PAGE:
Now the Pressure Is on Credit Suisse

Deutsche Bank and Standard Chartered impressed with sweeping changes, putting pressure on Credit Suisse CEO Tidjane Thiam to come up with something equally spectacular on Wednesday. And that's more than an increase of the Swiss bank's capital.

In the past weeks, the impending presentation of Credit Suisse's new strategy had experts primarily think about a capital increase, as reported.

Sunday afternoon however made it clear that this won't be enough and CEO Tidjane Thiam on Wednesday has to come up with significantly more to match the expectations of the financial market.

Out of the blue, Deutsche Bank over the weekend announced the biggest change in its history. Germany's «Handelsblatt» said lightning had struck the towers of the bank in Frankfurt. No stone was left unturned, as reported.

Drastic Measures

The management of Deutsche decided to dissect the bank, creating new units and responsibilities. Investment banking, hitherto left untouched, will be split up and a large number of managers will have to leave. John Cryan, co-chief executive officer at Deutsche Bank, has clearly opted for a radical turnover – to the surprise of experts.

The drastic measures seem proof enough that Deutsche has gone astray and that its management team of Anshu Jain and Jürgen Fitschen wasn't going to get the institute back on track. Yesterday's truths have become obsolete.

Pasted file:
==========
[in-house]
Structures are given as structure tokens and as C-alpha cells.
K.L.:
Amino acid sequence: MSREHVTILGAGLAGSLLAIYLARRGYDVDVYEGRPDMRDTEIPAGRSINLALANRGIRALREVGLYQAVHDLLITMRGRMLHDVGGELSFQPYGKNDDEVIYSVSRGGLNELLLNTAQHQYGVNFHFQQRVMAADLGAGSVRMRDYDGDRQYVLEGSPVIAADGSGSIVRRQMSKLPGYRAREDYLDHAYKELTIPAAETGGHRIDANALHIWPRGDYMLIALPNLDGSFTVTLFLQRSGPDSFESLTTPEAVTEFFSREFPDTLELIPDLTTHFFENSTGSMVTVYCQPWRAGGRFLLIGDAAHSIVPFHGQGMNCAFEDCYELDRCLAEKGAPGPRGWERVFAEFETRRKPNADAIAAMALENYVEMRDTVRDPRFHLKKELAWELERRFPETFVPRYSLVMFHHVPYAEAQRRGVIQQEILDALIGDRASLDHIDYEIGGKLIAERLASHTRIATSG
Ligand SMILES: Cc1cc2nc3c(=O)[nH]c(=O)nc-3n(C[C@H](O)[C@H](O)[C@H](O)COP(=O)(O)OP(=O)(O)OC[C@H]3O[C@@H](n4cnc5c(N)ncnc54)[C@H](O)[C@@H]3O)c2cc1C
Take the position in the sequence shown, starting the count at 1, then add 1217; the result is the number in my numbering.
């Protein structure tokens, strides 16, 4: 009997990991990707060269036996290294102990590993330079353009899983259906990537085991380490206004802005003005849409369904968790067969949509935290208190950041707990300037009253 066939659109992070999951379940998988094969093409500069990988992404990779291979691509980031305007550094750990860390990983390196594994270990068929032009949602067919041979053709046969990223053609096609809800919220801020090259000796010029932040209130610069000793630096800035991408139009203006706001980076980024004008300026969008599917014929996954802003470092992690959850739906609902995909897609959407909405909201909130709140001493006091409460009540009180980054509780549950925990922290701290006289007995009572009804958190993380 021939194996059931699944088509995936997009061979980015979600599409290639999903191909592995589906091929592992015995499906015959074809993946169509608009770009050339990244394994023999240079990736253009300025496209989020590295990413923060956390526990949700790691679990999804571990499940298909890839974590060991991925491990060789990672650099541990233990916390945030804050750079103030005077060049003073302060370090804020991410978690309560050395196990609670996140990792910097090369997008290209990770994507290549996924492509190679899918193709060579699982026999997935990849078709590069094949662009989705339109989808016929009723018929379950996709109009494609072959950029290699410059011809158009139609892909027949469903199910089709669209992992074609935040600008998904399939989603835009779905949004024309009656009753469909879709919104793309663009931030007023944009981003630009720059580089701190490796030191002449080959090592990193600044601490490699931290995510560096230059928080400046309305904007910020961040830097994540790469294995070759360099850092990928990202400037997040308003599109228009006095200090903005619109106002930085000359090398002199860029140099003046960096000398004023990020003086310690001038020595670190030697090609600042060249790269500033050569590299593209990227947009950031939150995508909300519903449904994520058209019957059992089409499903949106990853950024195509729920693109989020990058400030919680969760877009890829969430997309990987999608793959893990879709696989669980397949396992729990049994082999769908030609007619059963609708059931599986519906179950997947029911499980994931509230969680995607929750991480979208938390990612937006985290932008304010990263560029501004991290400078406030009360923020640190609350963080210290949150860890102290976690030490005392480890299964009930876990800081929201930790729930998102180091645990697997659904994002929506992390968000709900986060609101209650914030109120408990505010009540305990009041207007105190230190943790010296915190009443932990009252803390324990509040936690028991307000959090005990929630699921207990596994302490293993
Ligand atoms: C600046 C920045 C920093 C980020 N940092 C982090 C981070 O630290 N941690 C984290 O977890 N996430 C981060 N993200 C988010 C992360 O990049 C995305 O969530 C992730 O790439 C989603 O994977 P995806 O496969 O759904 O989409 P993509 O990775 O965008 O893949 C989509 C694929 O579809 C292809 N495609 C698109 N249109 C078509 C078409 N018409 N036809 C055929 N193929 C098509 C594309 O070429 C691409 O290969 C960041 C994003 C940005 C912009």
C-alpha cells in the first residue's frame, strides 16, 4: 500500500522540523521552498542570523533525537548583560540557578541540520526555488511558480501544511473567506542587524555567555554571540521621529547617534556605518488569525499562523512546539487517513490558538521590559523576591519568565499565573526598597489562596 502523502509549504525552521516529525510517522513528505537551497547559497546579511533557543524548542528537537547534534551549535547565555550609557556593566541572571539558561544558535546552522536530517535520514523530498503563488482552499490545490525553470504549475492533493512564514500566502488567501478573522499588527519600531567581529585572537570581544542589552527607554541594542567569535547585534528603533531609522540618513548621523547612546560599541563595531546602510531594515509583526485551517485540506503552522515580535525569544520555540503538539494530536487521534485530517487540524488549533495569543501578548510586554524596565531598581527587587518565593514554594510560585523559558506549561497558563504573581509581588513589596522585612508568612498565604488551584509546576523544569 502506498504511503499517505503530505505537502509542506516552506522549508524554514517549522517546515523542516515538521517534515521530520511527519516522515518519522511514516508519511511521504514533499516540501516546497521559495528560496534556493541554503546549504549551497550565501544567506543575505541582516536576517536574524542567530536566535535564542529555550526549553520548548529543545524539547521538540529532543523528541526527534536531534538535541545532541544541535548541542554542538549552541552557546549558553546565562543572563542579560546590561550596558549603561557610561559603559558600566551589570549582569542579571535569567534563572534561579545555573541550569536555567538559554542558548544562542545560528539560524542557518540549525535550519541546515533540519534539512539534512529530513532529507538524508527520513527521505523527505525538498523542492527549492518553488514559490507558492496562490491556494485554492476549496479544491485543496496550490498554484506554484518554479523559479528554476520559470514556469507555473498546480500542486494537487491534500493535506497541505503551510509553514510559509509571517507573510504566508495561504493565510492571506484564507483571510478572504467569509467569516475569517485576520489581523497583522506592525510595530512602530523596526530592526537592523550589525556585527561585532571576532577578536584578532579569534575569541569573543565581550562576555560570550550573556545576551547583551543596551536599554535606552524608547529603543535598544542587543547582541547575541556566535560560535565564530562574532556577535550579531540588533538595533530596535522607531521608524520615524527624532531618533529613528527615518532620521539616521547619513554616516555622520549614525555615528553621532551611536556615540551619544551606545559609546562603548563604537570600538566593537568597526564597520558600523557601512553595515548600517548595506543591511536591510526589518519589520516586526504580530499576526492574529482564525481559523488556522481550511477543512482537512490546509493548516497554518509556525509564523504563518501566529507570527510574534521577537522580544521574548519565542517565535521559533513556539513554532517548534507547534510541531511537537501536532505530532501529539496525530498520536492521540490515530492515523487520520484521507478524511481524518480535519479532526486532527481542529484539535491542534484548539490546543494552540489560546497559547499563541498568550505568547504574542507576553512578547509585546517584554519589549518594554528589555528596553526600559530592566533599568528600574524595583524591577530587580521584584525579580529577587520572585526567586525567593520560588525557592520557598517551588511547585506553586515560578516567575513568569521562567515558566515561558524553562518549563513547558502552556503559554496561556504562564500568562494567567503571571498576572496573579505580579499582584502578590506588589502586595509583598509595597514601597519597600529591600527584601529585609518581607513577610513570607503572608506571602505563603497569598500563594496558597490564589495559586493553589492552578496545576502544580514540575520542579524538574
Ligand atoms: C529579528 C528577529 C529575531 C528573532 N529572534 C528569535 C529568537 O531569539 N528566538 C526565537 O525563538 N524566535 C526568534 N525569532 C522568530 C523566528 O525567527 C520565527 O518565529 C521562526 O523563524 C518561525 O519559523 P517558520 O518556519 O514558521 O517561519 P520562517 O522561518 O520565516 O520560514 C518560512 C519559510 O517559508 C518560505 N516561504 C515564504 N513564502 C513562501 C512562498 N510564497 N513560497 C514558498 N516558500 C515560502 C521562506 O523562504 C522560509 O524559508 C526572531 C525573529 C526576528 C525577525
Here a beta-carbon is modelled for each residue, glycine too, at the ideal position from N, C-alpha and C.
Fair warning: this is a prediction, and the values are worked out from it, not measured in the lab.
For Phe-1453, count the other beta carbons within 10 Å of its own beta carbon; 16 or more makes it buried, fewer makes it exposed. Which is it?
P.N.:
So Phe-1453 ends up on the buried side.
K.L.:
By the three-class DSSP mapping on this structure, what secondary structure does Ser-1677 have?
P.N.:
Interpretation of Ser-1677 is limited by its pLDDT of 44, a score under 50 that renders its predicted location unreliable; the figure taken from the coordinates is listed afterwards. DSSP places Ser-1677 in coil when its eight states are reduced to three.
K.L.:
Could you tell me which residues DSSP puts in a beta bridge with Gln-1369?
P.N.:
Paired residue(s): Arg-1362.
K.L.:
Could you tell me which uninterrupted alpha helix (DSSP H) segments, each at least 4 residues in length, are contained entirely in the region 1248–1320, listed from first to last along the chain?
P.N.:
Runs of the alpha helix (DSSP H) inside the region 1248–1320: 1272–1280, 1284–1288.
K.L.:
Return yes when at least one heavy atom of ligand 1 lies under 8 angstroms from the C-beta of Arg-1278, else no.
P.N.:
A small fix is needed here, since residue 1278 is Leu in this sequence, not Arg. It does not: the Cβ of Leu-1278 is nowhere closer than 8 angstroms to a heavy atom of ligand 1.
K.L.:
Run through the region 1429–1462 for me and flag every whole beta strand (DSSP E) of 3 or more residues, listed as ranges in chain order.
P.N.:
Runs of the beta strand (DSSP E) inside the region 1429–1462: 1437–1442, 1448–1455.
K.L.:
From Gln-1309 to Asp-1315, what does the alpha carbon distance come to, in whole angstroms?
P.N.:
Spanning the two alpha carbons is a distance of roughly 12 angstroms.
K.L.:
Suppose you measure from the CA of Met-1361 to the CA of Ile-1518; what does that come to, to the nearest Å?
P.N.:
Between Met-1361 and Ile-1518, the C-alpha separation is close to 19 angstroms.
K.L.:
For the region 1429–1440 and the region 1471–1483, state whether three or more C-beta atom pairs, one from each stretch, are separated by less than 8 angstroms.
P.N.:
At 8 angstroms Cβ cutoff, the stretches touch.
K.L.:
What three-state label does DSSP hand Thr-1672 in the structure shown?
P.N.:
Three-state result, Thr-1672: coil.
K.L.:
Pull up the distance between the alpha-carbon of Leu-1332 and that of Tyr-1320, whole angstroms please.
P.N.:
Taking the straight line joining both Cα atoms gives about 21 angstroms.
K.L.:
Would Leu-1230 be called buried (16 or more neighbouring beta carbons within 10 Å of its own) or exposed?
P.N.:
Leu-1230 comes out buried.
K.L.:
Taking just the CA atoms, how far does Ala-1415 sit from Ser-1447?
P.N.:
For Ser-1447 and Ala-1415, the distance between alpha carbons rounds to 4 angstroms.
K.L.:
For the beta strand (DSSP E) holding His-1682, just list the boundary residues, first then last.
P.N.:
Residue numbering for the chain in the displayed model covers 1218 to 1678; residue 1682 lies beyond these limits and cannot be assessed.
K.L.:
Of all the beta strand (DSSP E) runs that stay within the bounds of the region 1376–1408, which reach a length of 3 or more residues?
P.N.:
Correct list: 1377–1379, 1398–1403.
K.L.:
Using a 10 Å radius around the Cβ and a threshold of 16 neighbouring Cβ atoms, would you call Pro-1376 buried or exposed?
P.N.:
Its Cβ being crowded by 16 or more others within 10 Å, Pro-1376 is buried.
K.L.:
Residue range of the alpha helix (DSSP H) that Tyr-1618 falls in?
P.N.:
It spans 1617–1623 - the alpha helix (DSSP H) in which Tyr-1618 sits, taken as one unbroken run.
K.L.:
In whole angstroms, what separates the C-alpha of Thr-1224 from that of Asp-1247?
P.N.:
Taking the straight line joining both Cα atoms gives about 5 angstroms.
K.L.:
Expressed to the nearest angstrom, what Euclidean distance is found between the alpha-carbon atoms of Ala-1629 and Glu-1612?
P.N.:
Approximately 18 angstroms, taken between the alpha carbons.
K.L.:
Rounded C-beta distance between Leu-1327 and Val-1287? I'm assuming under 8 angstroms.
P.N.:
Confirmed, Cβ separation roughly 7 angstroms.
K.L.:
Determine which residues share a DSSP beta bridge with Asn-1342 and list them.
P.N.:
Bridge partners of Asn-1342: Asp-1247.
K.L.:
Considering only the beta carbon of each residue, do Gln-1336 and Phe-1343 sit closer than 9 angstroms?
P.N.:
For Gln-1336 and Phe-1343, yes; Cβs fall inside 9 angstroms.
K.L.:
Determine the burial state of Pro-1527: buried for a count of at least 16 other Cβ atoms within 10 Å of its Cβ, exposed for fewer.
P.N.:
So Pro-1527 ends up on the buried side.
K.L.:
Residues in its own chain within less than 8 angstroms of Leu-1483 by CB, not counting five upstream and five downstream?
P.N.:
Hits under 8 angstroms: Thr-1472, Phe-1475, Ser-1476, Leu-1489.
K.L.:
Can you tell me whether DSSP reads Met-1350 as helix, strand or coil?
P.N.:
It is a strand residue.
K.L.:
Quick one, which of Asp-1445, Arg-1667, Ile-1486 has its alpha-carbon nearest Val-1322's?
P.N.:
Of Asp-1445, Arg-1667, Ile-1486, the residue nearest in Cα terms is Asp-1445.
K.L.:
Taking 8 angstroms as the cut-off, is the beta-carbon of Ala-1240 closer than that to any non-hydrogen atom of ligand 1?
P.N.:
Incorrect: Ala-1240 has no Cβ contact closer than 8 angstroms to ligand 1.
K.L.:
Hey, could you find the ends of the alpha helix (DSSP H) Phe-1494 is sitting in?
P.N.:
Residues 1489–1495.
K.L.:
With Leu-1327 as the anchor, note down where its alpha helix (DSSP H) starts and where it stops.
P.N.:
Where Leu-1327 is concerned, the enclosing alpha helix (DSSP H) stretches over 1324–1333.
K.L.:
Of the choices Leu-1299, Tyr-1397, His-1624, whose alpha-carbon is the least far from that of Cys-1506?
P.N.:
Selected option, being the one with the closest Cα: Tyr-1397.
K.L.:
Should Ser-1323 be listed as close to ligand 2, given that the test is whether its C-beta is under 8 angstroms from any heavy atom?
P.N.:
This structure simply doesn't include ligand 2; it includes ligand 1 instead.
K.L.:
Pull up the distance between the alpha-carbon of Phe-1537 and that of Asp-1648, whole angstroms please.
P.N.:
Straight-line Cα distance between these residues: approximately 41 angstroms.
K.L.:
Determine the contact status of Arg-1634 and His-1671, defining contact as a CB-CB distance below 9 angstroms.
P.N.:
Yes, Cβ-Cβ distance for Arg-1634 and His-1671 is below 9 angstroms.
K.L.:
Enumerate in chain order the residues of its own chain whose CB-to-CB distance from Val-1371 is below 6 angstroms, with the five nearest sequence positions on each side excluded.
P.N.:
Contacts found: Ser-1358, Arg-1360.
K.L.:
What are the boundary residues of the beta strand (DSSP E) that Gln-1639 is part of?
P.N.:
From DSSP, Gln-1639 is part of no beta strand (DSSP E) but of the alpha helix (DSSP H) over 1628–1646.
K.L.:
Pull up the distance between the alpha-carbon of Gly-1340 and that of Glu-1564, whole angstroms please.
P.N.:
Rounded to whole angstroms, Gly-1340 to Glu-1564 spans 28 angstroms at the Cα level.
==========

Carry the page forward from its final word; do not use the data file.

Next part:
A second industry powerhouse is adding its weight to underline the theory, Standard Chartered. CEO Bill Winters will also shake up his company, creating new units and adding pressure on employees to increase their performance by reducing the number of managers by a quarter from 4,000, as was reported by several media outlets.

Well Balanced?

Brady Dougan, Thiam's predecessor on the CS throne, a mere five months ago told «Finanz und Wirtschaft» that his bank was singularly well balanced, words that carry a hollow ring today.

In 2013, Dougan boasted that his institute, Switzerland's second biggest, satisfied the demands by Basel III as one of the first banks worldwide. Today, a massive capital increase seems necessary, accompanied by a reorganization and job cuts, a new regional structure and the sale of units. The bank can't have been that well balanced after all.

Tidjane Thiam 505

The Little Extra

However, Tidjane Thiam (pictured) can't just inject new money and cut costs. He needs to do more, come up with something spectacular, increasing the attractiveness of Credit Suisse to investors. Everything else is mere arithmetics.

The loud bang necessary won't make everybody happy of course – job cuts, reorganizations and performance targets rarely do. Three areas stand out as candidates for a potential surprise:

  • The Swiss business has to be adjusted in a way that makes its highly profitable in all parts and led by a charismatic leader visible across the banking industry.
  • Thiam has to be able to rely on a crew visibly free of favoritism.
  • The CEO needs to underline the attractiveness of Credit Suisse with a (major) takeover (in Asia) as proof for the quantum leap achieved by the bank.

With Deutsche Bank's announcement of its reorganization over the weekend, the pressure on Credit Suisse and Thiam to come up with something substantial has increased. The tension is rising and Wednesday's presentation in London eagerly awaited.

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